Summary: The church family

Caring for the Family - 1 Timothy 5 - 11/2/08

Join me in turning to the book of 1 Timothy, chapter 5. Timothy is towards the end of the New Testament, in the second half of the Bible. We have been going through this book together.

I once heard a story about a little second grader who had to do a report for school about his family. He went to his mother and asked her, “Mommy, where did I come from?” The mother was not quite prepared to talk about that with him, so she used the old line, “The stork brought you.” To which he replied, “Mommy, where did Daddy come from?” She used the same line, “The stork brought him too.” and then she hurried off to her cleaning. Not to be put off, he went upstairs to Grandma’s room. He said, “Grandma, where did Grandpa come from?” She looked at him and thought that really his parents should be the ones to talk with him about those things and said, “They found him out in the cabbage patch under a leaf of cabbage.” The second grader walked downstairs to his room, pulled out a sheet of paper, and started his report: There has not been a normal birth in our family for the last three generations!

I'm sure if we would ask for stories, we could spend the whole day telling funny things that have happened in our families. Few words carry such emotional meaning and depth as the word "family." For many of us, family is everything. But for many, their family is filled with dysfunction. Ronda had a close friend whose parents would not talk to each other at the supper table. They’d each turn to the daughter and say, Michelle, would you ask you father to pass the salt. Michelle, would you remind your mother the plumber is coming tomorrow. Some families face other types of dysfunction. Some home have topics that are not discussed. Some relatives and their issues are never mentioned outside of the immediate family. I have done funerals before where two brothers would come in to the funeral home, shake hands, and then go to seperate corners for the rest of the day. But that dysfunction is never what God intended for families. God desires functional families.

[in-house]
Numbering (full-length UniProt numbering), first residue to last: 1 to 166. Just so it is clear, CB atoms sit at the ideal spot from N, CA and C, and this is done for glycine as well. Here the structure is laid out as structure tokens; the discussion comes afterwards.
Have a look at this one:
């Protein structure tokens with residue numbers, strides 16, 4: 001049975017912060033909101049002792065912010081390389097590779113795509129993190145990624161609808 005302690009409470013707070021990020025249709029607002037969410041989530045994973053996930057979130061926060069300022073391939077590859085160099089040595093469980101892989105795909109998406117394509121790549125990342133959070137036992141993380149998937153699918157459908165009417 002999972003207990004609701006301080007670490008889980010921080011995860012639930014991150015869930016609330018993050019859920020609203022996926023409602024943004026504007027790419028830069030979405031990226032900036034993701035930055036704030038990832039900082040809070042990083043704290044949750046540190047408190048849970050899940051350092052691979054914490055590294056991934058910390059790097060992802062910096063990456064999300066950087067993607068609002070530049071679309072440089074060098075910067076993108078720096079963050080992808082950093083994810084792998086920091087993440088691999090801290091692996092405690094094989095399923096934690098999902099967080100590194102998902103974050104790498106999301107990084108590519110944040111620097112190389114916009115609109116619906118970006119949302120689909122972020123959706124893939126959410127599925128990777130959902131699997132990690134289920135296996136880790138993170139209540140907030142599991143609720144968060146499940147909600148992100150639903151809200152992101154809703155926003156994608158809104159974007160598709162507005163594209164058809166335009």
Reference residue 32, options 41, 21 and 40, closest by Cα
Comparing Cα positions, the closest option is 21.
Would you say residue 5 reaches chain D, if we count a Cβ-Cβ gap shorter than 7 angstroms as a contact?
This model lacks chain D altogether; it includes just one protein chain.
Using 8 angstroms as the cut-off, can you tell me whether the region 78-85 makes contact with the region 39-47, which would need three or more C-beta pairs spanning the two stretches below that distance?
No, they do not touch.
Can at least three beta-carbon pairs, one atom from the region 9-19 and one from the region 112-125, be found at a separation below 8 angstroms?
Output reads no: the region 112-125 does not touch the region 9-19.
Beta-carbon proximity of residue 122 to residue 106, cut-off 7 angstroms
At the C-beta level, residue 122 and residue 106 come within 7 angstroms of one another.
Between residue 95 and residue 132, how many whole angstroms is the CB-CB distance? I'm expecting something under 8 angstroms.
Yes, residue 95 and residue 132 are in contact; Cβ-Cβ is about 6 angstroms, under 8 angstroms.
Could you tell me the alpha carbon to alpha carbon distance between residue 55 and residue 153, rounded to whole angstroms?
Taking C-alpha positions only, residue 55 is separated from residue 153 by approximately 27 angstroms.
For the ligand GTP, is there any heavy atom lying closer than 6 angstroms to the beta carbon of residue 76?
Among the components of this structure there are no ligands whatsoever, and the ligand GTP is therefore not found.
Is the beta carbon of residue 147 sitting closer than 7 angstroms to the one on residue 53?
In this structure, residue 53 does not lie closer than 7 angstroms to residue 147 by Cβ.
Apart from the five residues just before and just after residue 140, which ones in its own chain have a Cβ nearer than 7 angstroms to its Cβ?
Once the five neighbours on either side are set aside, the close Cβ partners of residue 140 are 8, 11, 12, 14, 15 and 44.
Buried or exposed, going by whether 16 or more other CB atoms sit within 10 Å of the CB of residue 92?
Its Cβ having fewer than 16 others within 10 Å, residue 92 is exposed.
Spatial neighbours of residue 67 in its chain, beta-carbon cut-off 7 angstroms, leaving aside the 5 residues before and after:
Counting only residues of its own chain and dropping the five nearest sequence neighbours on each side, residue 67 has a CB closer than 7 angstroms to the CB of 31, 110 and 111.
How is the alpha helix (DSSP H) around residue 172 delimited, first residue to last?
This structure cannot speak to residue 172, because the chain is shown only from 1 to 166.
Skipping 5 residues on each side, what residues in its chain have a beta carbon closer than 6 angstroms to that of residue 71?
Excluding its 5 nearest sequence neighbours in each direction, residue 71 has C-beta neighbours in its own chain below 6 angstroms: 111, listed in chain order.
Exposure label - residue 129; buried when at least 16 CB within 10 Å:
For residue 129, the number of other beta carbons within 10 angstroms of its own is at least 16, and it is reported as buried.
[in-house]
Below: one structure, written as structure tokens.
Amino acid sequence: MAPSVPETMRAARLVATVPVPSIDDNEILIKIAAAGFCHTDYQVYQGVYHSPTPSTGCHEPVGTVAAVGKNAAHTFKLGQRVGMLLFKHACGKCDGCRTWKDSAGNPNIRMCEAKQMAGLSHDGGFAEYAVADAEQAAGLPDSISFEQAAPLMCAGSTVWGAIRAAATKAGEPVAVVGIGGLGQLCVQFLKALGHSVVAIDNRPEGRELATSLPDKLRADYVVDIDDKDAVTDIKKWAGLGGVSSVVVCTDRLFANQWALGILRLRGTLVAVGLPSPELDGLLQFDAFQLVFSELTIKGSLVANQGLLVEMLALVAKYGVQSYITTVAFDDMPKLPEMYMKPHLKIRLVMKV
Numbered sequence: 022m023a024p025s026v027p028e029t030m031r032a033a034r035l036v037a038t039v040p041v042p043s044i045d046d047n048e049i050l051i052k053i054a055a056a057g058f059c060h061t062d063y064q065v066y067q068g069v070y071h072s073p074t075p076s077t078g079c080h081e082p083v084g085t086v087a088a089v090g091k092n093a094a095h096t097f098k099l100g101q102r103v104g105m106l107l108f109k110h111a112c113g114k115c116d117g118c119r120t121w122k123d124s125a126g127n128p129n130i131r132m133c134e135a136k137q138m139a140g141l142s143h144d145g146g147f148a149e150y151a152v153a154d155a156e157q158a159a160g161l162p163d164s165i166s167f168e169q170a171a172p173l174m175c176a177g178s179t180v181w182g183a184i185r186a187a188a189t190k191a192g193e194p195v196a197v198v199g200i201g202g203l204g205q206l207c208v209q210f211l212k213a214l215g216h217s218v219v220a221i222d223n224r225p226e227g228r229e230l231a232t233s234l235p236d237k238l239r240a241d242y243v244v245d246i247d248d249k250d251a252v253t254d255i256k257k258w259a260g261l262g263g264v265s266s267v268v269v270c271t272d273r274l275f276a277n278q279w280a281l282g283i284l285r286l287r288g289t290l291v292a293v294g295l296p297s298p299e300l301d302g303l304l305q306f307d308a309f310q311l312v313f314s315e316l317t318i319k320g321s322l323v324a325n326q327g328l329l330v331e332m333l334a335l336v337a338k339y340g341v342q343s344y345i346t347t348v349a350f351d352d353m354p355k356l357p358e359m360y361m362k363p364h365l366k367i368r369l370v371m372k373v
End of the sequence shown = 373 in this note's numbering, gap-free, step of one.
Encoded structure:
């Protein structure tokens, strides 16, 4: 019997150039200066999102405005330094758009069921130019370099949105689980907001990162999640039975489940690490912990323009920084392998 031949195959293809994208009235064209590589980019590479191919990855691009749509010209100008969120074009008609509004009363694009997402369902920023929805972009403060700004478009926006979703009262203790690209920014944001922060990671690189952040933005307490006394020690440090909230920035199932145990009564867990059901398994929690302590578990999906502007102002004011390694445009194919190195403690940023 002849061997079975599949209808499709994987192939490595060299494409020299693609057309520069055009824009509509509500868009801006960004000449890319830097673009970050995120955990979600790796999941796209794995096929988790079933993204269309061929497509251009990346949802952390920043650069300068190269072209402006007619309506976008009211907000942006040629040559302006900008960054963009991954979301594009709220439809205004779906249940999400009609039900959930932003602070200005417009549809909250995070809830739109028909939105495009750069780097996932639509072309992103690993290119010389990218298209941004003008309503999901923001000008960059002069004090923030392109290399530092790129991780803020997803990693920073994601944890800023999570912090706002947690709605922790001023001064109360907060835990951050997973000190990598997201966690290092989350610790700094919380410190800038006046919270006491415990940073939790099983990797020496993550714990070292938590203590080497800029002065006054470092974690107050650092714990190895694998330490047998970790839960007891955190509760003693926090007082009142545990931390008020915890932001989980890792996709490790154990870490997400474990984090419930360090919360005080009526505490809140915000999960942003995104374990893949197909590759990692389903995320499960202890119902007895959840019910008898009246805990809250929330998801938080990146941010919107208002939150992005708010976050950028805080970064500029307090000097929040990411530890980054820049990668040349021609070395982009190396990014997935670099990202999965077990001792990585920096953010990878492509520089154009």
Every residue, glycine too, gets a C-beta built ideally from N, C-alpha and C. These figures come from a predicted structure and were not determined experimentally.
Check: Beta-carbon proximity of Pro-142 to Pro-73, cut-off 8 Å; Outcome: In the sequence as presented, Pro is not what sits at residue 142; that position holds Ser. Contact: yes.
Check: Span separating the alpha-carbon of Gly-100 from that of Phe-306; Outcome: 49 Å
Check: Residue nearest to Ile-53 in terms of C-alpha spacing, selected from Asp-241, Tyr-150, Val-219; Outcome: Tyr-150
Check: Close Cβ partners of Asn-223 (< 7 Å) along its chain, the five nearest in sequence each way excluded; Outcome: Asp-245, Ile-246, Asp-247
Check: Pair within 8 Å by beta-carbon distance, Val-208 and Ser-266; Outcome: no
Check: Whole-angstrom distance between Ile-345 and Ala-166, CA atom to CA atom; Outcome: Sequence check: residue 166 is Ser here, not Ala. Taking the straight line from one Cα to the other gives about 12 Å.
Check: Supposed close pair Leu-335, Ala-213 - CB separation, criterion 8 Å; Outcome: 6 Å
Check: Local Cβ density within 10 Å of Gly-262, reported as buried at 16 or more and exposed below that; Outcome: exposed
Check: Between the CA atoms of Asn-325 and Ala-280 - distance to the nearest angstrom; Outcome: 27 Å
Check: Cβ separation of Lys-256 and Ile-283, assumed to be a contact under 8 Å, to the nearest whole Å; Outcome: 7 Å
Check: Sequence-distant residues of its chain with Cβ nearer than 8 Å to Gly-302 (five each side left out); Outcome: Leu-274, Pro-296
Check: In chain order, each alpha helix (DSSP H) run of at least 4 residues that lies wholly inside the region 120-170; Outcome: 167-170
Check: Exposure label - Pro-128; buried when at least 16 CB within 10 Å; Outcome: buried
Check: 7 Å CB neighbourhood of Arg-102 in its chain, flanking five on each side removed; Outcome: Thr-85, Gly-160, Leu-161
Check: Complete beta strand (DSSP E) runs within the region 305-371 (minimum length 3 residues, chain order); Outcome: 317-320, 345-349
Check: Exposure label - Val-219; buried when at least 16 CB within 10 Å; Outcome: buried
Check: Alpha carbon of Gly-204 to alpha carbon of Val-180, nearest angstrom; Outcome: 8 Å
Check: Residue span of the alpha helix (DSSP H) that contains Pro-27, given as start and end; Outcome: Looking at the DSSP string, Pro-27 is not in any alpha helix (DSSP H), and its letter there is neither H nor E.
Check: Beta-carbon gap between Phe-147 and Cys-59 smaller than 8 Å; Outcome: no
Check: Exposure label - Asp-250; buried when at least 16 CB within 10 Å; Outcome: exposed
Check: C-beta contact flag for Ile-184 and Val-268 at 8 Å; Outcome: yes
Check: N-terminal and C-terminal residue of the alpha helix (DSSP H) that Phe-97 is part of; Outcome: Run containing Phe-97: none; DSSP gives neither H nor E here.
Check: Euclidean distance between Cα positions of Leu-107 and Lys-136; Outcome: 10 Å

And when we think about families, we understand that the family is one of the metaphors -- visual word pictures -- that God uses to describe the church, the body of Christ. God pictures the church as a holy nation, a prieshood, a kingdom, a vine and branches, a body, a temple, a flock, and in 1 Timothy 3:15, God calls it a family, the household of faith.Our desire is to be a functioning family, not a dysfunctional church family. And that is the desire that Paul gives to Timothy in 1 Timothy chapter 4.

We saw that this is a letter from the Apostle Paul to Timothy, his young protegé. Paul left Timothy at Ephesus to straighten out the problems in the church there. Ephesus was a city filled with idol worship, sexual immorality, and false teachings.

Timothy, though, is a young man and sometimes people in the church did not follow his leadership and give him the respect he deserved. Timothy was timid and shy. He sometimes was sickly, or at least was so troubled by the problems in the church that his stomach bothered him. The tension in the church had him to the point of giving up. But Paul gives him a letter to encourage him to keep on going.

Some of the church members in Ephesus had followed after the doctrines of false teachers. We saw Paul give three commands to Timothy in chapter 1:

1. Teach Sound Doctrine 2. Preach the Gospel 3. Defend the Faith

Some women were trying to usurp the leadership roles that God designed for the church. We looked at chapters 2&3 and saw what pleases God? We saw that

God is pleased when men are PRAYING! And

God is pleased when women are PROPER! And

God is pleased when leaders are PURE! Some of the men aspiring to leadership were not qualified. Paul says to test them first. We talked about leaders in the church, elders and deacons, and how they need three traits:

Desire, Character, and a Good Reputation. And we talked about some steps we each could take, even if we aren’t leaders: We can . . .

Respect the leadership of the church; Pray for the leadership of the church

Encourage others to follow God’s call on their lives; Assist the leadership of the church, and

Make yourself available for leadership

We saw last week in chapter 4, that we are to be both physically AND spiritually fit. We saw, . . .

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